Author Topic: La La Land  (Read 360 times)

Bondo

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La La Land
« on: January 08, 2017, 06:27:02 PM »
So with the ending there are a few things that potentially make it tricky:

1. The both succeed. It might be too optimistic that these two people actually do achieve their stated dream.

2. Having seen them succeed at the cost of being together, the little alternative reality flash during his performance at the club felt heavy-handed, presenting, seemingly, an alternative world where they both succeed AND are together. Maybe that was an actual option, but it would seem to fit better if it was a happy together, having settled for not meeting their goals.

Teproc

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Re: La La Land
« Reply #1 on: January 08, 2017, 06:32:17 PM »
1. The both succeed. It might be too optimistic that these two people actually do achieve their stated dream.

2. Having seen them succeed at the cost of being together, the little alternative reality flash during his performance at the club felt heavy-handed, presenting, seemingly, an alternative world where they both succeed AND are together. Maybe that was an actual option, but it would seem to fit better if it was a happy together, having settled for not meeting their goals.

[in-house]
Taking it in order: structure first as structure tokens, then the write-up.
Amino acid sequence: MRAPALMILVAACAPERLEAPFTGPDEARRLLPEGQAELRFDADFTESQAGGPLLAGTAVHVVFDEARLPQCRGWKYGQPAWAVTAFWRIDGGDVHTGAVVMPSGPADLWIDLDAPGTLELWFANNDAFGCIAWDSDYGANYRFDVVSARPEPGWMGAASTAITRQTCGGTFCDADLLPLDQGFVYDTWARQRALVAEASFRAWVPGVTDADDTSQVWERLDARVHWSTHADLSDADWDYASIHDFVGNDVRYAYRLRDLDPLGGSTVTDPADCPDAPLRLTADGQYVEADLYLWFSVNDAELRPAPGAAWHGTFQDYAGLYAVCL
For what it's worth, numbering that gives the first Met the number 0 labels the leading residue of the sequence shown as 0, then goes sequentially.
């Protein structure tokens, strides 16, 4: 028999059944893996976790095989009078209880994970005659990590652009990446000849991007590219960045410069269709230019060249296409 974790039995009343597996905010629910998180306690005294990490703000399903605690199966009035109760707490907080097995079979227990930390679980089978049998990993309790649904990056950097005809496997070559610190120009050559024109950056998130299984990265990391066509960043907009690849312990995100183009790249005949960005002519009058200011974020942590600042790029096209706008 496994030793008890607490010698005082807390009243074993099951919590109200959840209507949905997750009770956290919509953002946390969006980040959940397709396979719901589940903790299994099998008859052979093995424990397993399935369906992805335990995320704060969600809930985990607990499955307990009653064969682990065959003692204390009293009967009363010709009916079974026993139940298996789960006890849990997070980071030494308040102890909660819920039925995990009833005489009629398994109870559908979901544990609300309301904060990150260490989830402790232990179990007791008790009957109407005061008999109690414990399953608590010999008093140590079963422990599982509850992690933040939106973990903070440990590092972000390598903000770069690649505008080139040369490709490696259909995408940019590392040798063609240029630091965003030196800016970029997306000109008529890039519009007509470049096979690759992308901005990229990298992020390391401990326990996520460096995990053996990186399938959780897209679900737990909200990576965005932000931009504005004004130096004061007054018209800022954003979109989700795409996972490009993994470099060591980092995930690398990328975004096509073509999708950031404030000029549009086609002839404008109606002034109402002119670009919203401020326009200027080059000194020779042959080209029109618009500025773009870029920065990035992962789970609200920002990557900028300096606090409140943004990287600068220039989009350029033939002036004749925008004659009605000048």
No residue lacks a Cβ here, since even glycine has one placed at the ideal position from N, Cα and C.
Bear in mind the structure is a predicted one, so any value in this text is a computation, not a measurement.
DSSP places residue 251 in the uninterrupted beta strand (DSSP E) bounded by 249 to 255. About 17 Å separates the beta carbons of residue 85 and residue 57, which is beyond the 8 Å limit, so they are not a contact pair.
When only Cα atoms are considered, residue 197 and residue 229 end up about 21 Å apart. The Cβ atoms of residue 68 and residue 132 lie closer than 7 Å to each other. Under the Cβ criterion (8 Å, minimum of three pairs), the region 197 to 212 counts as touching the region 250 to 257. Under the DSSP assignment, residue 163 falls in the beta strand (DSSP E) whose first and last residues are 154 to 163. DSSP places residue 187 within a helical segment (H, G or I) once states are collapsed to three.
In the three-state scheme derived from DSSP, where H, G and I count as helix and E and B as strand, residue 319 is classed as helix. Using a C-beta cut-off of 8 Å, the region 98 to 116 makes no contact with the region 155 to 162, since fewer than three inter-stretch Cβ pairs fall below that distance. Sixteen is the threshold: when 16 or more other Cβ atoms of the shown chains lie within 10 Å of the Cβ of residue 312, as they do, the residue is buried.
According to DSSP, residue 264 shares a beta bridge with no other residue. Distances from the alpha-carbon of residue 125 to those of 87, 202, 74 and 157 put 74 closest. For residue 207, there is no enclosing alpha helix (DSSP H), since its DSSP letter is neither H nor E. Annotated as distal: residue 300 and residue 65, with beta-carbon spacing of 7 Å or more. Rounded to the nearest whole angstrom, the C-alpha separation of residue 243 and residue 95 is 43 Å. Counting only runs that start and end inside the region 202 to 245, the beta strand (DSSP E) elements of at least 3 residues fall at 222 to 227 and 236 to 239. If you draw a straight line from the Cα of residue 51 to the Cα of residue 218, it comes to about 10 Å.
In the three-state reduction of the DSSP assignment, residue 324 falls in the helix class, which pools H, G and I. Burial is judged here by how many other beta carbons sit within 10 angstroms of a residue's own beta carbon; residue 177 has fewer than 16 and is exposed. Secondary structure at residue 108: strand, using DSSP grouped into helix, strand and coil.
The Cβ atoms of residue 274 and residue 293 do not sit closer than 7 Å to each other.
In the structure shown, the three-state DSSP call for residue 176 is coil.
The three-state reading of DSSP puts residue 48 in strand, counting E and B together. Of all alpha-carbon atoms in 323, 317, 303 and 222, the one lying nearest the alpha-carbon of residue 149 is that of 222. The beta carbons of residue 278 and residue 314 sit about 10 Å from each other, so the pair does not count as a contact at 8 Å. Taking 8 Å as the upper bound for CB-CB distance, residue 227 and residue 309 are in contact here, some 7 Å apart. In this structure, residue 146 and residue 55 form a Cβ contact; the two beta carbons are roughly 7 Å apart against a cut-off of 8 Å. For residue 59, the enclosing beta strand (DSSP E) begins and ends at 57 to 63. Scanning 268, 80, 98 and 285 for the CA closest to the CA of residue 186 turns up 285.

1. I guess, but this also a film in which we literally see them flying. I'll admit that the ending, with its melancholy, might be expected to have a starker contrast to the fantasy we then see play out.

2. You mean if the fantasy sequence was of them together having settled ? I guess I don't see how that'd be much of a fantasy... I don't think it's meant to have been an actual option, because it's... a fantasy, nothing more. The film plays around with exactly that from the start, even with the opening number : the fantasy of Hollywood contrasted with the reality of it, which requires compromise. The ending only drives that point further. This is where you can go back to n°1 and say it indulges too much by having them both achieve their dreams, but I felt invested enough in the relationship to see that as a real cost, which I suppose is where you (and many people who seemed not to care for the pairing) differ.
« Last Edit: January 08, 2017, 06:34:33 PM by Teproc »

Bondo

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Re: La La Land
« Reply #2 on: January 08, 2017, 06:56:11 PM »